But something else is at work here. As we argue in our book, “One Nation After Trump,” the United States is now a non-majoritarian democracy. If that sounds like a contradiction in terms, that’s because it is. Claims that our republic is democratic are undermined by a system that vastly overrepresents the interests of rural areas and small states. This leaves the large share of Americans in metropolitan areas with limited influence over national policy. Nowhere is the imbalance more dramatic or destructive than on the issue of gun control.

The non-majoritarian nature of our institutions was brought home in 2013. After the Sandy Hook slaughter, the Senate voted 54 to 46 in favor of a background-checks amendment crafted by Sens. Joe Manchin (D-W.Va.) and Pat Toomey (R-Pa.). Those 54 votes were not enough to overcome a filibuster, which the GOP regularly abused during the Obama years. Worse, since most large-state senators voted for Manchin-Toomey, the 54 “yes” votes came from lawmakers representing 63 percent of the population. Their will was foiled by those who speak for just 37 percent of us.

Ending the filibuster would not solve the problem; in some cases, it might aggravate it. As The Post’s Philip Bump has noted, if all 50 senators from the 25 smallest states voted for a bill and Vice President Pence cast his lot with them, senators representing just 16 percent of Americans could overrule those representing 84 percent.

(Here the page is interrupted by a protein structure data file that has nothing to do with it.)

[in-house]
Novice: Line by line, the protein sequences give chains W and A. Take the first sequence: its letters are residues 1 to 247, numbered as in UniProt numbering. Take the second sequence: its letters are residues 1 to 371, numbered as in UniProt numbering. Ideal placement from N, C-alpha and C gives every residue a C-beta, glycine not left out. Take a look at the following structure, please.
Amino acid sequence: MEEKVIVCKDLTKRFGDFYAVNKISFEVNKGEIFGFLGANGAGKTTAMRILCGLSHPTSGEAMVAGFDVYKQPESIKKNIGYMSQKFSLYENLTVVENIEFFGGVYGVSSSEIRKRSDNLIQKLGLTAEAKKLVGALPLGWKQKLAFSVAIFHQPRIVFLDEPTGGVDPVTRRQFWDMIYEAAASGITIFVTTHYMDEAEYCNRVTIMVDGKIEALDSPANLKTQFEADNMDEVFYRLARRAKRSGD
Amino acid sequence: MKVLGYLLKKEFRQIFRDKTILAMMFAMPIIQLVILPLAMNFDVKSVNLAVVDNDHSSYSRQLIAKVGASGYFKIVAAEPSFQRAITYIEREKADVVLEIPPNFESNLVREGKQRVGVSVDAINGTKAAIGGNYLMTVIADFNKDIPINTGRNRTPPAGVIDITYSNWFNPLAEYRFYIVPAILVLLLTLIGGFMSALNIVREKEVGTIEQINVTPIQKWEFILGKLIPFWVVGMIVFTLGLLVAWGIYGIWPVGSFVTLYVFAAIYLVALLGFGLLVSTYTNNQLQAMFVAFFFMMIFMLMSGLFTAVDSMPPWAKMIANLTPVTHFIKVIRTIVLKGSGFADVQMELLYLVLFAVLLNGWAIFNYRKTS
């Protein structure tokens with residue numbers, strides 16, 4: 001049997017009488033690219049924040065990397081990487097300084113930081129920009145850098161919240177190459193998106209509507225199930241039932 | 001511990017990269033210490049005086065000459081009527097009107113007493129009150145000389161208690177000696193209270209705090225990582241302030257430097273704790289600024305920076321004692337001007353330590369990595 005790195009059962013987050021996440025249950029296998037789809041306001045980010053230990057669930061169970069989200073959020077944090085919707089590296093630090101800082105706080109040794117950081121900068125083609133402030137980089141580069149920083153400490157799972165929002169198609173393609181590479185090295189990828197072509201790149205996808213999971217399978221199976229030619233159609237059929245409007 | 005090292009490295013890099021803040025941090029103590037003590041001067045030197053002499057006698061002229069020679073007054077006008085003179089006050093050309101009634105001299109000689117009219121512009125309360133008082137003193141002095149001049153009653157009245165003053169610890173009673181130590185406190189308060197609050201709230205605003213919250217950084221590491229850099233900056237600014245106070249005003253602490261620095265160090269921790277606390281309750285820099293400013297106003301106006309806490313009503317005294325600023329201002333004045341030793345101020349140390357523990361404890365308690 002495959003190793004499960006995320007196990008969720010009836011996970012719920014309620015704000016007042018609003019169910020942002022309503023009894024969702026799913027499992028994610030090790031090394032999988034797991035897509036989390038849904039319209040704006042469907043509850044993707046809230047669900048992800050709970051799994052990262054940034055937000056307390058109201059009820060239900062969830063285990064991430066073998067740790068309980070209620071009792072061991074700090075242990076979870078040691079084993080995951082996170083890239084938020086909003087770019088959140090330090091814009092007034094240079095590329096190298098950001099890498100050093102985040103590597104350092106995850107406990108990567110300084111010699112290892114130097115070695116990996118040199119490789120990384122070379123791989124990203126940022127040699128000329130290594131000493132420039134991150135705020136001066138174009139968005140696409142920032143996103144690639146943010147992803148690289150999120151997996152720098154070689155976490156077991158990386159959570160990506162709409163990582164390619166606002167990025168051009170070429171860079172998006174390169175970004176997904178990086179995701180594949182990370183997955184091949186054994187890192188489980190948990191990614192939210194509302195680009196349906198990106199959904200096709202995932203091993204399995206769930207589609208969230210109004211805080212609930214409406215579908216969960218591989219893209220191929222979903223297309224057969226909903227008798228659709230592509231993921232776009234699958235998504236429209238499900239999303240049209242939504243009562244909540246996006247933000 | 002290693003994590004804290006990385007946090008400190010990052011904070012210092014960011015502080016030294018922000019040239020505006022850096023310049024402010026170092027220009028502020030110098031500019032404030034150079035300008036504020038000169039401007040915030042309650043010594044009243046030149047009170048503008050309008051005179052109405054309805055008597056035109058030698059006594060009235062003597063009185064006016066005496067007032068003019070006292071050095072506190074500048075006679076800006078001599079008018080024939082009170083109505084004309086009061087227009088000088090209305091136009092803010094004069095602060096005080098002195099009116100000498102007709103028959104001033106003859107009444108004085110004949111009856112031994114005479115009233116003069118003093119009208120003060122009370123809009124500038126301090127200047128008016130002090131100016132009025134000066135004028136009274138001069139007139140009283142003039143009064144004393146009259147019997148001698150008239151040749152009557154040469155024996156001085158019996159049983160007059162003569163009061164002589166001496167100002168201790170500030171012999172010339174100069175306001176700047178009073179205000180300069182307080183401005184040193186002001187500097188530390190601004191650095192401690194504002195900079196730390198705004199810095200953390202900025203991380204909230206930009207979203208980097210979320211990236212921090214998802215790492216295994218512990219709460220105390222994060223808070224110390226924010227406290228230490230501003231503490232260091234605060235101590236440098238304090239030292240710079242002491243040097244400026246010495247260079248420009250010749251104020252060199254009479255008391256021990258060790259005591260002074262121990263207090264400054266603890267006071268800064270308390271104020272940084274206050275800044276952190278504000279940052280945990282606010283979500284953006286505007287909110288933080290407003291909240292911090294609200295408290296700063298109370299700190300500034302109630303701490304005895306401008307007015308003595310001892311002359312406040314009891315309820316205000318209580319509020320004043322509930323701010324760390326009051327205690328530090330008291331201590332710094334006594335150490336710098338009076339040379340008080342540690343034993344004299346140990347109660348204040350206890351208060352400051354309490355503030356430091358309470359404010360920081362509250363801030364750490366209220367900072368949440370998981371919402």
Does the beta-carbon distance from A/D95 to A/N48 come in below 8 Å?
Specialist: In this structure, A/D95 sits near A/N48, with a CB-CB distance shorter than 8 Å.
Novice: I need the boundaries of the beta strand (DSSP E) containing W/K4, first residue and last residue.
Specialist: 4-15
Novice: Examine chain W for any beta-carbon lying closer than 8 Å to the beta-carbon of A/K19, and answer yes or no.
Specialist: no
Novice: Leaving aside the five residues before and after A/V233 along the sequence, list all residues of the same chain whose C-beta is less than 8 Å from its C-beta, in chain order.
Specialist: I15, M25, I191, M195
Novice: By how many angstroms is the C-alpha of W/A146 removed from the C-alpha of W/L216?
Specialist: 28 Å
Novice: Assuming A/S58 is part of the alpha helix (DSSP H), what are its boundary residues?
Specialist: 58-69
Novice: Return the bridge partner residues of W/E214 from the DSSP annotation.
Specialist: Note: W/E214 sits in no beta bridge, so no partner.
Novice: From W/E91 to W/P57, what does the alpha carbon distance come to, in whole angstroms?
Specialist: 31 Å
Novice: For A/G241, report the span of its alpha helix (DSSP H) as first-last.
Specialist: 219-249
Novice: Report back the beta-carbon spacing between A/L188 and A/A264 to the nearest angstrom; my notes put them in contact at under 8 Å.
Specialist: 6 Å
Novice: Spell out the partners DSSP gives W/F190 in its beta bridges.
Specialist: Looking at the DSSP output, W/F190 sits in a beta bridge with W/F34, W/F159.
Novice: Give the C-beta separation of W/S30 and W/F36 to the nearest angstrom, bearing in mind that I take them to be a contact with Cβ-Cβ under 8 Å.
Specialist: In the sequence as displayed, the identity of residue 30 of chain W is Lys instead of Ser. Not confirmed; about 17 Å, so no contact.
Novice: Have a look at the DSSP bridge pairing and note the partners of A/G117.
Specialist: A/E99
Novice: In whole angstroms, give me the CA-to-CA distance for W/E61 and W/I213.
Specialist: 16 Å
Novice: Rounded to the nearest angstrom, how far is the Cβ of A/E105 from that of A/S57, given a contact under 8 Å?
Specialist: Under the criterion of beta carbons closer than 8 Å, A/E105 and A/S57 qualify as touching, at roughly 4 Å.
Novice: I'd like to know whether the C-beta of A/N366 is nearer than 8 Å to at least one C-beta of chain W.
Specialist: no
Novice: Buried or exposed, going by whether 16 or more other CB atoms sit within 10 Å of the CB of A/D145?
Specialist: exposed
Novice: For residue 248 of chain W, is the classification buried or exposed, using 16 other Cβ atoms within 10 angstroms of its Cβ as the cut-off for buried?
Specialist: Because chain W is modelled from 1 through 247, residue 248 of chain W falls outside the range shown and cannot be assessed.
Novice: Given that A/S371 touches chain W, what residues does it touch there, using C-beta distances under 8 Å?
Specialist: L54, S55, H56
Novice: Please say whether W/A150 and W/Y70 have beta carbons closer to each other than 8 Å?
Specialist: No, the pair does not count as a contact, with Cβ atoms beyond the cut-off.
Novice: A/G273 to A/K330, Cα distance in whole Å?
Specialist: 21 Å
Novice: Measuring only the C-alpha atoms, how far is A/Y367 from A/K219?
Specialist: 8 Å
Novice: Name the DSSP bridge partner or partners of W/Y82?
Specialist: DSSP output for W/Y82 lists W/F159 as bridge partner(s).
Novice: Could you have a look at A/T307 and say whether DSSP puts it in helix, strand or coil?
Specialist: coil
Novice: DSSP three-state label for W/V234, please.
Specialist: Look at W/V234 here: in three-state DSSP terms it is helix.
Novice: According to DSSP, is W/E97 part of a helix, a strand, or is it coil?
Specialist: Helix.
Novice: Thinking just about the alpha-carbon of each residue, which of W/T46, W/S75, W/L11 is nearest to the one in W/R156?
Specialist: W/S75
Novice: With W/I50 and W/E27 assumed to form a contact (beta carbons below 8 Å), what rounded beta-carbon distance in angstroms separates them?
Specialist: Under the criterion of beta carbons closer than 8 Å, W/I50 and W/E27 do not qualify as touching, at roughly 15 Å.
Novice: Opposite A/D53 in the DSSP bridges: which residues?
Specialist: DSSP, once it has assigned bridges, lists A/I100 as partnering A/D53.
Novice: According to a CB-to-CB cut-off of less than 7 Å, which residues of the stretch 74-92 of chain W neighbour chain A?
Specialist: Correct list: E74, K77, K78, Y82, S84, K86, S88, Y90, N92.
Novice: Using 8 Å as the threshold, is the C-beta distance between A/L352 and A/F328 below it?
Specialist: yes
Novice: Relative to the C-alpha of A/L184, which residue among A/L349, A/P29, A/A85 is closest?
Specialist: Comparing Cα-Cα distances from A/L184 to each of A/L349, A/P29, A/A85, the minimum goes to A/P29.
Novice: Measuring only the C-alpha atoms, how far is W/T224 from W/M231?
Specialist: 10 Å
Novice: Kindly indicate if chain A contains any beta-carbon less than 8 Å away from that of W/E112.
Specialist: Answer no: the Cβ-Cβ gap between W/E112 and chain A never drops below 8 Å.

And this problem will only deepen. David Birdsell, a Baruch College political scientist, has calculated that by 2040, 70 percent of Americans will live in 15 states — and be represented by only 30 of the 100 senators.

Gerrymandering, the electoral college, and voter suppression “further skew electoral outcomes, as does the power of money in politics.”

Our paralysis on guns reflects a looming legitimacy crisis in our system. In the short run, advocates of sane gun laws should keep up the pressure, particularly in election showdowns involving candidates who resist any steps to make our country safer. In the long run, we need reforms to make majority rule a reality.

In case you missed it, the underlying dimension here is liberal-urban <—> conservative-rural. Overlay on that dimension the 37% vs. 63% mentioned above in connection with the failure of the background checks amendment after Sandy Hook. Even though there were 54 “yes” votes, the measure was filibustered.

This is not good news for Democrats. The issue is larger than guns alone. If the demographic trend continues, we may very well see Philip Bump’s scenario in which an 84% urban, multiethnic, Democratic majority is completely suppressed by a 16% rural, alt-white, ultra-conservative minority.

I have to wonder if we have already passed a tipping point on this one. Few solutions are apparent short of doing what AZBlueMeanie at Blog for Arizona suggests: Amend the Constitution to reform the U.S. Senate. Given that the members of the Senate representing just 37% of the population already control the show, the chance of such an amendment gaining any traction seems increasingly remote.